I conducted an experiment to find the optimal concentration for sugar in yeast respiration, and this is the data I found:

enter image description here

What do I do from here? Do I just fit a linear model on the increasing portion, another one on the decreasing portion, and see where they meet and say that's the optimal value? If not, do I try to fit another type of model? How do I justify that model?

  • $\begingroup$ From the looks of it, you can try to fit a quadratic $-ax^2 + bx +c$ using least square or some such fit. The vertex of such a quadratic is $\frac{b}{2a}$ which is your optimal value $\endgroup$ – Shailesh Feb 15 '16 at 9:07
  • 3
    $\begingroup$ Short answer: It depends on how accurately need that value and what do you use it for. Someone longer: Fitting this data is almost meaningless. You need at least 1-2 points between 50 and 100 to have at least a guess what you should fit. $\endgroup$ – Greg Feb 15 '16 at 9:58
  • $\begingroup$ Since you say 'average' concentration of sugar solution and 'average' volume of water displaced, do you have more data? As @Greg said, having more points will make it clearer where the optimal value is. $\endgroup$ – N A Feb 15 '16 at 14:50
  • $\begingroup$ @Greg I don't have any values for between 50 and 100. And yes, I can see what you mean by almost meaningless. I previously just had a linear line of best fit through the two sections (marked with different colours) and calculated where they met. I'm now considering instead to run a one-way ANOVA and then Tukey, but I'm not sure if that's correct. I'll ask in math stack exchange as well I suppose $\endgroup$ – hm527 Feb 16 '16 at 2:03
  • $\begingroup$ Thank you all for answering! I will try those things and check with my teacher $\endgroup$ – hm527 Feb 16 '16 at 2:07

Some materials (e.g. ionic salts) in certain solvents (e.g. water) actually do decrease volume of the solution in certain concentrations (obviously at some point it inevitably increases).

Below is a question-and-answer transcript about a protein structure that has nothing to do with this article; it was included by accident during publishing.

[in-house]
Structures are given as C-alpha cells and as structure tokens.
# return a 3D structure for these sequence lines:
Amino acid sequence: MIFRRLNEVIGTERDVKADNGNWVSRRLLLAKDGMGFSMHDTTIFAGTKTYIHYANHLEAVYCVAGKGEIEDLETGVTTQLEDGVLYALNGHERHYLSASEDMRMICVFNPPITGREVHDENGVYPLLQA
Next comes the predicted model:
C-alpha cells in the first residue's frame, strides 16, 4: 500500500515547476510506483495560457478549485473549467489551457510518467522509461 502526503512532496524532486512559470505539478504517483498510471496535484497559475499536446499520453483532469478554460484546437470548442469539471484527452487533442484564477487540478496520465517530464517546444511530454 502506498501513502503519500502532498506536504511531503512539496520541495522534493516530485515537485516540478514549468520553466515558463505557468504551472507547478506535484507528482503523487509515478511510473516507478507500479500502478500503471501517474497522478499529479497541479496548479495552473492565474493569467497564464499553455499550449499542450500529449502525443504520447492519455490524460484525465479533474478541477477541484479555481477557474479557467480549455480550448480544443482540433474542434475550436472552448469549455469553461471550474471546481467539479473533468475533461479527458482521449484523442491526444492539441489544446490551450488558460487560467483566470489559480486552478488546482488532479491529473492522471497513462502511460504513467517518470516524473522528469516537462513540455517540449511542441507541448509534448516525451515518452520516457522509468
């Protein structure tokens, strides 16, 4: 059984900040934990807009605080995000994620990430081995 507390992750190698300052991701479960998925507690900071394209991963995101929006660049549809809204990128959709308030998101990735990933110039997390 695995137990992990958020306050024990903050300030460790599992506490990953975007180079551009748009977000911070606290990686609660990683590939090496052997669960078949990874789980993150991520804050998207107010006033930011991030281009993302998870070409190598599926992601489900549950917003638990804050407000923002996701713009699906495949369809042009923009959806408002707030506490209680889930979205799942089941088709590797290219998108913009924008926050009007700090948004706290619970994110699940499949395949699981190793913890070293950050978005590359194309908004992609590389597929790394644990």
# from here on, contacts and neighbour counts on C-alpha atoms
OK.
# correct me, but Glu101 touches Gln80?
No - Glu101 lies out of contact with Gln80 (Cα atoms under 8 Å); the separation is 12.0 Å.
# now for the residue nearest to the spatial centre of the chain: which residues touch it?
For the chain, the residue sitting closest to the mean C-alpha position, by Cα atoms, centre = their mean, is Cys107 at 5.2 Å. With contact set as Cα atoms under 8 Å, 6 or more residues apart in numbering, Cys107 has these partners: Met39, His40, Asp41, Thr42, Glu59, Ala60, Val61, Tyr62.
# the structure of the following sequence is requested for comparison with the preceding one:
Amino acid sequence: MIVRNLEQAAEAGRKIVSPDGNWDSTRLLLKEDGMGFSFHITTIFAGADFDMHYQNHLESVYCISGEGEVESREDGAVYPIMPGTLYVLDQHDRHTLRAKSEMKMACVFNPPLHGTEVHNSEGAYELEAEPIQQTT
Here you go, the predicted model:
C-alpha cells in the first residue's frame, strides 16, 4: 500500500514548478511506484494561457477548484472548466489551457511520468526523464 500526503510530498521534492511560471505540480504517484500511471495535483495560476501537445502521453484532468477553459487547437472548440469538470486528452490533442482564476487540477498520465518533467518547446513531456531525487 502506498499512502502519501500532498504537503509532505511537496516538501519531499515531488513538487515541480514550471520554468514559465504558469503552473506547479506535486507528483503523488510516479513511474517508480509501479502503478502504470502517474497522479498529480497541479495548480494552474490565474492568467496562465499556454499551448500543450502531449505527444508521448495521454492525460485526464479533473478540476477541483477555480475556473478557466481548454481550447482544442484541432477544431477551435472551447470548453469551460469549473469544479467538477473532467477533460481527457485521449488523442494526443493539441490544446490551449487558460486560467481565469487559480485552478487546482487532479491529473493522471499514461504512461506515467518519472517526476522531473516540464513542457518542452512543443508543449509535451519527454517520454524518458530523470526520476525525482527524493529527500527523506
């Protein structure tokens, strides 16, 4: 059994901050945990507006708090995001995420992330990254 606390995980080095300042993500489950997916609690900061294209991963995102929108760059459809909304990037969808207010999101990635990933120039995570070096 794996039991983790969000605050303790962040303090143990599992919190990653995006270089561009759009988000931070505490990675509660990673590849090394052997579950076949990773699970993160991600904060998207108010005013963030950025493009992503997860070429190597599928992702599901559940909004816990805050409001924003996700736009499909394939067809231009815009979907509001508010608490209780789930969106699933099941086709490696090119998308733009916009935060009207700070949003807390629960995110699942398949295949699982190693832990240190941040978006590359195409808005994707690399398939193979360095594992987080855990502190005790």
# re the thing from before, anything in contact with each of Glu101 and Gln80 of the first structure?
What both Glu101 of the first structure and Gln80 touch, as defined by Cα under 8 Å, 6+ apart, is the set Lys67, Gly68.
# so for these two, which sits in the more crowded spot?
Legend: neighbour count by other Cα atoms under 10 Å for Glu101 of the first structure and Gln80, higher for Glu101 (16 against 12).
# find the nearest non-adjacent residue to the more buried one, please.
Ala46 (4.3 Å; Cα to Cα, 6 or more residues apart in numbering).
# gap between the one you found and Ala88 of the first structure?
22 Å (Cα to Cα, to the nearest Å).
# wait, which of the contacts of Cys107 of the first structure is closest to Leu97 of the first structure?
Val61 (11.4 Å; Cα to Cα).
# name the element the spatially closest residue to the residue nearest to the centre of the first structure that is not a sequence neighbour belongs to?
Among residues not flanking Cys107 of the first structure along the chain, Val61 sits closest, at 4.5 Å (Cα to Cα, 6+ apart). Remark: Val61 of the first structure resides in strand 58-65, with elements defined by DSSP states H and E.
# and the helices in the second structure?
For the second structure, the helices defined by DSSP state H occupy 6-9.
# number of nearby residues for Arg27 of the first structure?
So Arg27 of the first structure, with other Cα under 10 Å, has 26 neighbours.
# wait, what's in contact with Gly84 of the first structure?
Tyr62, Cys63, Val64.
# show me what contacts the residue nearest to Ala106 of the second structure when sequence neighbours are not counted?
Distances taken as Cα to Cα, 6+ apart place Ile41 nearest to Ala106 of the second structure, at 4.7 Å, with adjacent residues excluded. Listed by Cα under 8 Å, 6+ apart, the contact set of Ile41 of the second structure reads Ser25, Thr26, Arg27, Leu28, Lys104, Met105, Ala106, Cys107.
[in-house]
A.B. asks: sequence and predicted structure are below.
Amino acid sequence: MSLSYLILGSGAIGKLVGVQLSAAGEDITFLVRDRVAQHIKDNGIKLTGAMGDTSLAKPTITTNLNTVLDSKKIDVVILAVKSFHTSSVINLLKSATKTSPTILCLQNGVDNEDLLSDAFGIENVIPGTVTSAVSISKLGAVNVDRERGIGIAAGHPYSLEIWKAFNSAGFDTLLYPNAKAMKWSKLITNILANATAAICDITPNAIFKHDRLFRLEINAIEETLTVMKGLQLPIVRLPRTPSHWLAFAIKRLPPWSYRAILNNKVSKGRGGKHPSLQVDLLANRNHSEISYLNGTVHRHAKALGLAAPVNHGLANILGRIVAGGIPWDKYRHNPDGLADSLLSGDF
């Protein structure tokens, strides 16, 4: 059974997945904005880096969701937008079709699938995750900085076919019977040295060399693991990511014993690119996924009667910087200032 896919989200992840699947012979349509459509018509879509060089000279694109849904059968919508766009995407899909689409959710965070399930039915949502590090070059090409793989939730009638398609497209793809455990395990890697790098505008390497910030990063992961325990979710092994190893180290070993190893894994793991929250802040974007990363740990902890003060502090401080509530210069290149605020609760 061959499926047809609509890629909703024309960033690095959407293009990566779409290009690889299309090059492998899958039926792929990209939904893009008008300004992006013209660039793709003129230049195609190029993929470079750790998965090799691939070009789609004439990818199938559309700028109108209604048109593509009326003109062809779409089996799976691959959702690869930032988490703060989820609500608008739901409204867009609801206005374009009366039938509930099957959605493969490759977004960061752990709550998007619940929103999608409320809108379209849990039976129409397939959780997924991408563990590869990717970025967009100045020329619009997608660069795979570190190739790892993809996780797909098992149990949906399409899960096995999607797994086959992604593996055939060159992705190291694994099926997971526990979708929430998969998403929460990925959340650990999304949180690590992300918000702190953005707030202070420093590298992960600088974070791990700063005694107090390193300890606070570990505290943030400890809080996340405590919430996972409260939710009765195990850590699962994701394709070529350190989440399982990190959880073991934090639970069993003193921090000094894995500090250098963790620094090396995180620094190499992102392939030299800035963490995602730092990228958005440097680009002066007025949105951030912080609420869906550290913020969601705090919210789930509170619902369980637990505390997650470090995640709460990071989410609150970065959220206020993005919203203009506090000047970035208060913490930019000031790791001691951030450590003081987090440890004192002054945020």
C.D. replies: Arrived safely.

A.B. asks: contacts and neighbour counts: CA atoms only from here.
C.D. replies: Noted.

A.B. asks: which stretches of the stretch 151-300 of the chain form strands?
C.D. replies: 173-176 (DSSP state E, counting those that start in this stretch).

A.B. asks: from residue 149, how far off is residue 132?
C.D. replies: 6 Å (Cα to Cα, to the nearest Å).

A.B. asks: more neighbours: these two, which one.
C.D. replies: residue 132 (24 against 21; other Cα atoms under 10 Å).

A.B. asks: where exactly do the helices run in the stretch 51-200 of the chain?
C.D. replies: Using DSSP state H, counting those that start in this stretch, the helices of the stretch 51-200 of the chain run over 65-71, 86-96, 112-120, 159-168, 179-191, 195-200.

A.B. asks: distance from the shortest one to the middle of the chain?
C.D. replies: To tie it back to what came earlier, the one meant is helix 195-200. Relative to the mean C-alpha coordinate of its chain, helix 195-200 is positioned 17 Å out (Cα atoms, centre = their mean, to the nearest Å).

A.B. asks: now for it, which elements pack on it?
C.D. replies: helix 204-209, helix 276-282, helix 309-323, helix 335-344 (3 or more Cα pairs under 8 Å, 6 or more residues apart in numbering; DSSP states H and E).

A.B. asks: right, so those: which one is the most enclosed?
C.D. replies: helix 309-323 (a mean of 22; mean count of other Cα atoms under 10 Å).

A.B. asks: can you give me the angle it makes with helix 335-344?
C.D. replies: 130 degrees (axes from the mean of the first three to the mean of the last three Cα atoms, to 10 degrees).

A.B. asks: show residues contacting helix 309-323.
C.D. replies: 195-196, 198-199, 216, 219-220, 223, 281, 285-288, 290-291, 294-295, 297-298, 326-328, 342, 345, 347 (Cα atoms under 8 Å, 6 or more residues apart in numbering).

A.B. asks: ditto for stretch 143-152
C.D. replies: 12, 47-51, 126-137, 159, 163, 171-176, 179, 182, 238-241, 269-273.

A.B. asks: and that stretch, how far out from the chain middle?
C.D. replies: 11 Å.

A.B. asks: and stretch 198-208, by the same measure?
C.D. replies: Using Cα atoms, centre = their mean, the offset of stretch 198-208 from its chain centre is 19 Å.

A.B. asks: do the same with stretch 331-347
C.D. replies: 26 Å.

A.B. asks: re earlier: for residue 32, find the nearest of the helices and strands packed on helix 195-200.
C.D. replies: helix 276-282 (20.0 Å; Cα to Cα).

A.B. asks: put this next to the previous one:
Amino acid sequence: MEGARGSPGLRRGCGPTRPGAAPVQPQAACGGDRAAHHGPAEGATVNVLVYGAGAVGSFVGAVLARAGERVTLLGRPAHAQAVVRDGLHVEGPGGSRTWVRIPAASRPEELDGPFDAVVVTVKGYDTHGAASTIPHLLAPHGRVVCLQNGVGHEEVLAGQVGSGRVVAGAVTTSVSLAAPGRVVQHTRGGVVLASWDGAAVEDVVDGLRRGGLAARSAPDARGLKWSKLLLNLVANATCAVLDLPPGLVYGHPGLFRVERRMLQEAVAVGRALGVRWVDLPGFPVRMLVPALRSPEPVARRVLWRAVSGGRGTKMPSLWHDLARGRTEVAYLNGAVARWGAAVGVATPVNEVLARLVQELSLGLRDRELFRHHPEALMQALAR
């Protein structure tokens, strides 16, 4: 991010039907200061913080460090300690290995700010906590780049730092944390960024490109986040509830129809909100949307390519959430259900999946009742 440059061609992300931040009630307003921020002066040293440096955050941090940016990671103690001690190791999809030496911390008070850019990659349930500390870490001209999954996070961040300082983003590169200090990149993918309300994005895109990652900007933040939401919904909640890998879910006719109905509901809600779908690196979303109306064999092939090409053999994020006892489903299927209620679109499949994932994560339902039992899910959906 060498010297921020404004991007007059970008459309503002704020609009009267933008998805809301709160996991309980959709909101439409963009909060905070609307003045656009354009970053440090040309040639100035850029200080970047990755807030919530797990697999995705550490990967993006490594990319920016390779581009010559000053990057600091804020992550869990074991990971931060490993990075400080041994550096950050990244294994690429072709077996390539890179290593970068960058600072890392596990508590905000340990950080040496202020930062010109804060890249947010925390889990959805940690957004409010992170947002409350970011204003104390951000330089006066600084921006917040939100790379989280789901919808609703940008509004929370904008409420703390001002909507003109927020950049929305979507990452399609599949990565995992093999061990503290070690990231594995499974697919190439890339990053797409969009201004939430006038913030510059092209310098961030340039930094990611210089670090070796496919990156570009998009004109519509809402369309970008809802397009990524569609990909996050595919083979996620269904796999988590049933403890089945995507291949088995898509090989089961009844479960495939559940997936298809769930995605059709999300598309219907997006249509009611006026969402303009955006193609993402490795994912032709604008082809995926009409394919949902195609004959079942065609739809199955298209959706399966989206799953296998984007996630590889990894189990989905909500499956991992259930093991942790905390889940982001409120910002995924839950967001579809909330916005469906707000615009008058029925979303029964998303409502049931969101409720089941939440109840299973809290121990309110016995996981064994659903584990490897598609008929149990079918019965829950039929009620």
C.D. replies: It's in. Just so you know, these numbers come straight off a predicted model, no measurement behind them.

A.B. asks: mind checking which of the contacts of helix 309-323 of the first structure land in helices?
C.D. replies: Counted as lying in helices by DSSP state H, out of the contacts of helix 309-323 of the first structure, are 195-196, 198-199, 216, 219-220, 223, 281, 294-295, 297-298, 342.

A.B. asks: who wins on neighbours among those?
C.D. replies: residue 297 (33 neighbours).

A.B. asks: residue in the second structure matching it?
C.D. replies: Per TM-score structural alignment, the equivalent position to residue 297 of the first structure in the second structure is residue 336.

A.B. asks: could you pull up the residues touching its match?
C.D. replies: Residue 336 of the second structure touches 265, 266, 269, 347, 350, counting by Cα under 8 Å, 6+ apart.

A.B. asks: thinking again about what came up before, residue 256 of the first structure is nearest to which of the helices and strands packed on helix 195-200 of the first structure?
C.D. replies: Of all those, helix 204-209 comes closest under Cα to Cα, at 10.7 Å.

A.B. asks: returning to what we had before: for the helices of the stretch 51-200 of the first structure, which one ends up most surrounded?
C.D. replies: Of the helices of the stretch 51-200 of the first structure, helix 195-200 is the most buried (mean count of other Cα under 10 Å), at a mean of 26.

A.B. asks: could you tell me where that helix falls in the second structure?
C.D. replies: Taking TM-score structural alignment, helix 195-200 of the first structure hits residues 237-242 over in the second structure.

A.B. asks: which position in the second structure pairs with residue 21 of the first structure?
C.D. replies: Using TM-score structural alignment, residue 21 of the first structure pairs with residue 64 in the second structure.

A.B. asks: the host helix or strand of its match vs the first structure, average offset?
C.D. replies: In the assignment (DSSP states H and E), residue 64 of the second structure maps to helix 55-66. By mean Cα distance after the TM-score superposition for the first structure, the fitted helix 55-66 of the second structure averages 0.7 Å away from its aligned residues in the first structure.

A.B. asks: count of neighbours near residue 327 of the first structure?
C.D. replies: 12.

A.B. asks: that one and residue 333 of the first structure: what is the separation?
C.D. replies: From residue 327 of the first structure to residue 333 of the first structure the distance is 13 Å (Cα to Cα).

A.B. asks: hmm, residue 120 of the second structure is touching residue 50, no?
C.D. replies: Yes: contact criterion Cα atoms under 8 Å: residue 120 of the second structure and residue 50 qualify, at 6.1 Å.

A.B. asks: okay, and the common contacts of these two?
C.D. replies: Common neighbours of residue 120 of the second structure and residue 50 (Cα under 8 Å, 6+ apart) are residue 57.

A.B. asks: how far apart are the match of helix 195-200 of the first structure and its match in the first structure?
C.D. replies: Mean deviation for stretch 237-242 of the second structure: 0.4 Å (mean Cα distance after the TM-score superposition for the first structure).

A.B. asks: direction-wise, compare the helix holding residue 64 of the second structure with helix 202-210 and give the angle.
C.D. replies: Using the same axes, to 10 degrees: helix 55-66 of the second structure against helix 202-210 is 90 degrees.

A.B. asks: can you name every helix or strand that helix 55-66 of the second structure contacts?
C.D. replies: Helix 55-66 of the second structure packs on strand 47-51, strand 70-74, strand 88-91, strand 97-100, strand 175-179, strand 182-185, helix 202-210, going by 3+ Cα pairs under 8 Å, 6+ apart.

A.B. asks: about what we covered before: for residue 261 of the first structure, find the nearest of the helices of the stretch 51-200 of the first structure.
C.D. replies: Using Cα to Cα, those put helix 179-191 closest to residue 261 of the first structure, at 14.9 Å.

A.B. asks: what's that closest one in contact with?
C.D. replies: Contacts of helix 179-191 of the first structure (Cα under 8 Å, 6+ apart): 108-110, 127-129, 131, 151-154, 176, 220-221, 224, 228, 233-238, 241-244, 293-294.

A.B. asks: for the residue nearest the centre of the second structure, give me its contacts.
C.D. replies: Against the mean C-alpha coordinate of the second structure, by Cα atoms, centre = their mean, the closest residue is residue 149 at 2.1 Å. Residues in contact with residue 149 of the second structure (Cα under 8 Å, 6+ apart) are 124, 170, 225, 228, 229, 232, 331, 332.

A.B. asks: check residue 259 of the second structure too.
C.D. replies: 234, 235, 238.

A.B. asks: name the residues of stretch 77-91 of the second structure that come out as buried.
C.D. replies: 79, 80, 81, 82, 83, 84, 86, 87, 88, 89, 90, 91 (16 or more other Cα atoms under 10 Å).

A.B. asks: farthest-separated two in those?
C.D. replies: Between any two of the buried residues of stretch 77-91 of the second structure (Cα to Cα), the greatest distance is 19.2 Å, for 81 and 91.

So you certainly can end up with non-linear functions of displacement from $\Delta_{conc}$.

That said, a negative quadratic may fit your data well, e.g. $ax^2 + bx + c$, with $a < 0$. Maybe even a damped exponential, e.g. $ae^{-bx}$. You can use Microsoft Excel etc. for a quadratic fit or fancy math skills for other functional forms.

Another Ben describes in more detail here but the image he used is worth repeating. Here the concentration of an added substance actually shrinks/increases volume displacement "oddly".

enter image description here


As you add sugar the displacement will only increase. In other words, if you add 300 grams of sugar to a liter of water, the volume will have increased (or been displaced) by about 150 ml (guesstimated)... the displacement is certainly not 25 millileters!

For what it's worth, you should have two (practically) straight lines. One relatively straight line before the saturation point (at around 200g sugar per liter at room temperature) and another relatively straight line after the saturation point. But believe me, the more sugar you add, the greater the volume will be (until the volumetric cylinder is full).

Displacement in a nutshell:

enter image description here

  • 1
    $\begingroup$ Isn't the water displacement a separate measure of the yeast respiration and not referring to the displacement of water due to sugar addition i. e. Not related to the density increase? $\endgroup$ – Beerhunter Jun 25 '16 at 22:02
  • $\begingroup$ @Beerhunter At first, I wondered if he added the yeast and allowed the sugar to be fermented before measuring... then I figured that if he added 300g of sugar, it should be converted to around 180ml of alcohol... so however he came up with ~25ml it's simply a mistake. Part 2- Technically, displacement is related to density (see the story behind Eureka). Displacement is the measure of volume-increase when stuff is added to a liquid. So, I'm not sure what he did, but J.Ma should (re)measure of how much the water rose. $\endgroup$ – Ben Welborn Jun 27 '16 at 12:36
  • 1
    $\begingroup$ It does not say anything about the volume to which the sugar is added to. Your statement in the first paragraph is maybe based on a litre of water. But if I add 30 g sugar to 100 mL water, I could very well have a displacement of 25 mL. $\endgroup$ – Martin - マーチン Jul 5 '16 at 17:51
  • $\begingroup$ @Martin-マーチン okay, + for thinking outside the beaker... but the chart says 300 grams... so that's gonna add more than 25ml. 50g of sugar displacing 25 ml makes sense... 100g displacing 50ml makes sense... then you add more, and viola it collapsed? $\endgroup$ – Ben Welborn Jul 5 '16 at 17:55
  • 4
    $\begingroup$ I feel like you are mocking me now and I can't really appreciate this. I am simply saying that you are basing your first statement on an assumption, you are over interpreting the given data. There's really no need to involve ninjas here. $\endgroup$ – Martin - マーチン Jul 5 '16 at 19:04

Your Answer

By clicking “Post Your Answer”, you agree to our terms of service, privacy policy and cookie policy

Not the answer you're looking for? Browse other questions tagged or ask your own question.